Home Update More Iran deal loopholes/ The war on Syria’s hospitals

More Iran deal loopholes/ The war on Syria’s hospitals

Update from AIJAC

Sept. 9, 2016

Update 09/16 #02

This Update looks at the implications of the revelation last week of a number of previously not publicly known loopholes or exceptions granted Iran in January as part of the implementation of the nuclear deal – as exposed by the the Institute for Science and International Security, a thinktank run by former International Atomic Energy Agency senior official David Albright.

First up is an editorial from the Wall Street Journal, detailing the exemptions granted Iran. These include allowing higher levels of low-enriched uranium and heavy water than agreed in the original agreement, if kept in certain forms or ways – as well as maintenance of 19 large radiation containment chambers, or hot cells, which can possibly be used for some nuclear weapons work. The newspaper questions US Administration denials that these exemptions will not allow Iran to skirt its commitments, noting that they seem to be part of a trend which amounts to allowing Iran to systematically weaken the agreement. For the newspaper’s complete argument, CLICK HERE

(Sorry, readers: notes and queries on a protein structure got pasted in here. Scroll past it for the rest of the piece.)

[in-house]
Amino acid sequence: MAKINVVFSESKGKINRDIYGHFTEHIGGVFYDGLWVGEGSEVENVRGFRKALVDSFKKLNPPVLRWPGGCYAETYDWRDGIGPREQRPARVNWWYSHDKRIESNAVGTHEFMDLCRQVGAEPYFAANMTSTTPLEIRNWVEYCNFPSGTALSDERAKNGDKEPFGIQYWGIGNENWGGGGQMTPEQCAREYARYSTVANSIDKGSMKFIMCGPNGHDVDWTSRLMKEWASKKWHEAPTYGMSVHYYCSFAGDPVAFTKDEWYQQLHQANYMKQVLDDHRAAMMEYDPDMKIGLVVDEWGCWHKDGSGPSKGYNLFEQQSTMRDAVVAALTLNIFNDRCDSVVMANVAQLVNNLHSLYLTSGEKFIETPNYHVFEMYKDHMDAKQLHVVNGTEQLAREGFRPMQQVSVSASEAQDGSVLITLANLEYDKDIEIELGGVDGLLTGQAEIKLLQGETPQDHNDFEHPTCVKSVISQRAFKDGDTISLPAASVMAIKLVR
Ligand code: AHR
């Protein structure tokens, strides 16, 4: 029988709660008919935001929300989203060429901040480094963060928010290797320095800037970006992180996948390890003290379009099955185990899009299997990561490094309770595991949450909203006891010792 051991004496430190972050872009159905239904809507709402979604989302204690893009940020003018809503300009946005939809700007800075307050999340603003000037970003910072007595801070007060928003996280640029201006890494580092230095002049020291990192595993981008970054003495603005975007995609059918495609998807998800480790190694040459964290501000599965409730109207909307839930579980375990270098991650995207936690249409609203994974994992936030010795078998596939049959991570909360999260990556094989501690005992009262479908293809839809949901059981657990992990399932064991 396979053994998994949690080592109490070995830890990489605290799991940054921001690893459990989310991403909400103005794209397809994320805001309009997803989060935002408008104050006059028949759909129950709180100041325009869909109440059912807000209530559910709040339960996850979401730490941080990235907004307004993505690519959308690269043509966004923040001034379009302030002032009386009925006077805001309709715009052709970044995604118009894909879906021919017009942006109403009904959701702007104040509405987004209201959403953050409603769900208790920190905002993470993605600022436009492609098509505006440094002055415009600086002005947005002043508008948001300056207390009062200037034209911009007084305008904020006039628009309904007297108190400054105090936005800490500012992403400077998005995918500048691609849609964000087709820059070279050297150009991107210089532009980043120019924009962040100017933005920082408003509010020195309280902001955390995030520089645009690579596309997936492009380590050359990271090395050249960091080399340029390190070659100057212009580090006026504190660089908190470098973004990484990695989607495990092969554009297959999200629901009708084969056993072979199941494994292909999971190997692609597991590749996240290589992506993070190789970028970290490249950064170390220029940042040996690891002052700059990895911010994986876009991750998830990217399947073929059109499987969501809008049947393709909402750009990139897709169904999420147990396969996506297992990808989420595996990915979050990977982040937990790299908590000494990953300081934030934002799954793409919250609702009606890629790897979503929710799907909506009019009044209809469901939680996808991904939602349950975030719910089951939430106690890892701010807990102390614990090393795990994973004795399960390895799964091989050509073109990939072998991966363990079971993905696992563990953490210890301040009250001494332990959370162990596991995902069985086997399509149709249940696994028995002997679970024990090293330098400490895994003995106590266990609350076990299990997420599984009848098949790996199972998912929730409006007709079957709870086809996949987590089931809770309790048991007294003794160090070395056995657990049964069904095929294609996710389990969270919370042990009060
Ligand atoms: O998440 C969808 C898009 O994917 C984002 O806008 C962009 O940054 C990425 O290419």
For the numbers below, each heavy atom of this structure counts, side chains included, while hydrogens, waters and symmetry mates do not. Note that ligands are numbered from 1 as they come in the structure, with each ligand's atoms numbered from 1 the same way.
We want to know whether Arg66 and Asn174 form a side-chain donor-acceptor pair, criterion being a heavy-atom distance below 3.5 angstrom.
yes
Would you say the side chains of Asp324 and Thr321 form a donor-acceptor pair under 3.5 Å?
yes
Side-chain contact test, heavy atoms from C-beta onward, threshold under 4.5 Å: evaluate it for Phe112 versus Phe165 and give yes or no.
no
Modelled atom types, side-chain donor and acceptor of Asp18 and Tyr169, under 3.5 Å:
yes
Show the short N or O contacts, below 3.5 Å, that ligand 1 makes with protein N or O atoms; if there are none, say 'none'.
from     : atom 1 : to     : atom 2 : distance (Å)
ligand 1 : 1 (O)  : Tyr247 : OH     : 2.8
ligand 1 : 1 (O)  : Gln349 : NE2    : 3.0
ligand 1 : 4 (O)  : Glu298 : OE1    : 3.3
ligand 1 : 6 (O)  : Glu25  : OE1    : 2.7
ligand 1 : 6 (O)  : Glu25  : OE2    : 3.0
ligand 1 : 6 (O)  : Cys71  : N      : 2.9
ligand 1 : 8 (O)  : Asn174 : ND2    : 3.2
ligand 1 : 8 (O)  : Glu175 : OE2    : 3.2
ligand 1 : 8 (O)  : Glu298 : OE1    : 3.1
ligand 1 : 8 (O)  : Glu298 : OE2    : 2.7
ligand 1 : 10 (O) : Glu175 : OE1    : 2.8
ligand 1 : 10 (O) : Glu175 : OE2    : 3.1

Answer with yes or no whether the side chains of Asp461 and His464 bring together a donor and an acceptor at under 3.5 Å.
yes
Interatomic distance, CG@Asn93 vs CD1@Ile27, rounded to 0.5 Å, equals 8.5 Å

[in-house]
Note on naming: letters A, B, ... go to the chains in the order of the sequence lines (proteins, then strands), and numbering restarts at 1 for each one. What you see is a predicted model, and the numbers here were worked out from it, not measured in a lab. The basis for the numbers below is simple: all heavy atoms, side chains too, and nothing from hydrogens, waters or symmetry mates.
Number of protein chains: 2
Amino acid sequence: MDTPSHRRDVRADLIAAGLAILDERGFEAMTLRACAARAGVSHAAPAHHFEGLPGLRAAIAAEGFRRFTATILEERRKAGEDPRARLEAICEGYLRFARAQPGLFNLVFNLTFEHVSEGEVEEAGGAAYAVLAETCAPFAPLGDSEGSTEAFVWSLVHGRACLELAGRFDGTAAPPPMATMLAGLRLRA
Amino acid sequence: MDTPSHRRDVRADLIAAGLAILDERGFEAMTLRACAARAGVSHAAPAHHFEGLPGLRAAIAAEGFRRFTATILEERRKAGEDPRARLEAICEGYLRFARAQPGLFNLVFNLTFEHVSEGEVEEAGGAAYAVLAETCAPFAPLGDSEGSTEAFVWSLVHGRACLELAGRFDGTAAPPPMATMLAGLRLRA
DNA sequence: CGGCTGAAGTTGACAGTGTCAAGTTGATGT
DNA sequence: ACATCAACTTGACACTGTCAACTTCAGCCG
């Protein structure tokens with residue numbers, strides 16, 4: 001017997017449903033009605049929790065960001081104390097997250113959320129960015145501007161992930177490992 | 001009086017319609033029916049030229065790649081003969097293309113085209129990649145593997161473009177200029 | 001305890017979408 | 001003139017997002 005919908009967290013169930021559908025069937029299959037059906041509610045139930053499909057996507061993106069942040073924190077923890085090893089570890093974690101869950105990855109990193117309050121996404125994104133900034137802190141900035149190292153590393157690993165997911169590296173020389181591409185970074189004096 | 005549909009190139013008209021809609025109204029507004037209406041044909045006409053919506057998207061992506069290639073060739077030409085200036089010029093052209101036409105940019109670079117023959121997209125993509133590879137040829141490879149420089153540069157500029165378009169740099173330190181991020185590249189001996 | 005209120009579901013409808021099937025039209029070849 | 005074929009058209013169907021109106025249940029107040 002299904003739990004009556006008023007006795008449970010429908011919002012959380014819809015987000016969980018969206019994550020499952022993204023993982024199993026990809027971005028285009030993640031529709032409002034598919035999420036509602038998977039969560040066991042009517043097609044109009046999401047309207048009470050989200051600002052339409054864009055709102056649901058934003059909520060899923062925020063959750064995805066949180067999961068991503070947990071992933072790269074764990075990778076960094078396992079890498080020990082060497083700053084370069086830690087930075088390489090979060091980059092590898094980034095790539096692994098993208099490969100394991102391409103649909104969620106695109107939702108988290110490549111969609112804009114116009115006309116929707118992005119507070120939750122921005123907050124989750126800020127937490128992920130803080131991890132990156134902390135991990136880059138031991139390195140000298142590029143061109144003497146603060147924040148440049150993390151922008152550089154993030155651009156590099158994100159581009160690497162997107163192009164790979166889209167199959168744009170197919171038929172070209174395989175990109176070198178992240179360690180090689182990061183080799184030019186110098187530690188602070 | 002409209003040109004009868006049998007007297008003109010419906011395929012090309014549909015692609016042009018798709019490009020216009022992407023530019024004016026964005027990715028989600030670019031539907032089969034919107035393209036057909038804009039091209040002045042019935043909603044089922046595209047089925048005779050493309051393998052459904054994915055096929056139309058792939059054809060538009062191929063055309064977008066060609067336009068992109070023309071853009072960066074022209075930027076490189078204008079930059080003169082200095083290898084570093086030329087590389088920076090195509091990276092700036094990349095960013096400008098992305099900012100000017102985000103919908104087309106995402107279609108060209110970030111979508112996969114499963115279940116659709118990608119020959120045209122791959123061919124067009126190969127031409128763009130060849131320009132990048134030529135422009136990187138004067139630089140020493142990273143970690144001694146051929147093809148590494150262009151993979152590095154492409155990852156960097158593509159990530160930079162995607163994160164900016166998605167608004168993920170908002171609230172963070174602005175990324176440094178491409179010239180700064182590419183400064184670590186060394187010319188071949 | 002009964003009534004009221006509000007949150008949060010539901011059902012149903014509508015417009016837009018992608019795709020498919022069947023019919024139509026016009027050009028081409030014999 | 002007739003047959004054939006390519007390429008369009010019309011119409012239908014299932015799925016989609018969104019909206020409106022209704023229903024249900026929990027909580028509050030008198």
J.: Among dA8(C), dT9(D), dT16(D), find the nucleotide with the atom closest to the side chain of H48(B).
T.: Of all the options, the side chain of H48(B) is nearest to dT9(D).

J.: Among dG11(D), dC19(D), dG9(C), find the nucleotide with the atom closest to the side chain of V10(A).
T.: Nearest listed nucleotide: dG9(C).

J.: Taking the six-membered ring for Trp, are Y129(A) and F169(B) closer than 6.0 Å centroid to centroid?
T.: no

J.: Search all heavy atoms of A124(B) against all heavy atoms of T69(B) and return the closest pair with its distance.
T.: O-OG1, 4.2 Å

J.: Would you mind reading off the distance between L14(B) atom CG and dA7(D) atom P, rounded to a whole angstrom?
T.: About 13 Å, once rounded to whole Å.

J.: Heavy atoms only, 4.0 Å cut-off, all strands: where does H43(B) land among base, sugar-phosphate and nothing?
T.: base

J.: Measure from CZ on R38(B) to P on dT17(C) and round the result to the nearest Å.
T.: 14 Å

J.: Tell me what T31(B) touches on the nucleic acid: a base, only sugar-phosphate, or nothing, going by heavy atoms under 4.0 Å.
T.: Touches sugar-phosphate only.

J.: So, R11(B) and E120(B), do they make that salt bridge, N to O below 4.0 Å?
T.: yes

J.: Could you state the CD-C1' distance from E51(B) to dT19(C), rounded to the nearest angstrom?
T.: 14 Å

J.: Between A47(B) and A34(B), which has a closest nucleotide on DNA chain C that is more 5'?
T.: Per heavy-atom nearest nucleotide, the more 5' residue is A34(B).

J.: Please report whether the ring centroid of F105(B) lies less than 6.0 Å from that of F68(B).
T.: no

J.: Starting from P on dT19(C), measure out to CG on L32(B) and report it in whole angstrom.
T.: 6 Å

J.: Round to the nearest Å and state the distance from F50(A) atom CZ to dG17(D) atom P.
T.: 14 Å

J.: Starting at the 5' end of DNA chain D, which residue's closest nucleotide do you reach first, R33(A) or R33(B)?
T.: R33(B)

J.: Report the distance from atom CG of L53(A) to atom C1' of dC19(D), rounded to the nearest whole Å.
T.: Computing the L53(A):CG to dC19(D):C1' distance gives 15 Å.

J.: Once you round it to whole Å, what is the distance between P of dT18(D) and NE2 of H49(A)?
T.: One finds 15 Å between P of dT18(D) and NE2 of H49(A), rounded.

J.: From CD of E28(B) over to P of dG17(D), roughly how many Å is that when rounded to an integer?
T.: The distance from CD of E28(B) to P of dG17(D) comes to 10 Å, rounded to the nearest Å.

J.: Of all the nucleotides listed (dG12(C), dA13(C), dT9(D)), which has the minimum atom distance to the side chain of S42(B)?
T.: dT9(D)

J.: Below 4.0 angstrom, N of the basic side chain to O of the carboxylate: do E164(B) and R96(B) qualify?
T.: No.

Next up is Israeli proliferation specialist Dr. Emily Landau, who argues these latest revelations about non-public exceptions are part of a larger pattern. She argues transparency about the deal and how it is working and monitored has been very lacking on a number of fronts, which she discusses in some detail – despite the claims about the importance of transparency from both the Administration and its supporters. She says today the debate about the Iran deal has shifted from its problematic provisions to the problematic attitude toward the deal by the Administration, with repeated instances of “unjustified lack of transparency, followed by unconvincing US excuses and explanations.” For Landau’s complete analysis of the transparency problem, CLICK HERE. Making some similar points about the “befuddling brand of secrecy” which has featured in the US approach to implementing the deal is Washington Institute expert Patrick Clawson.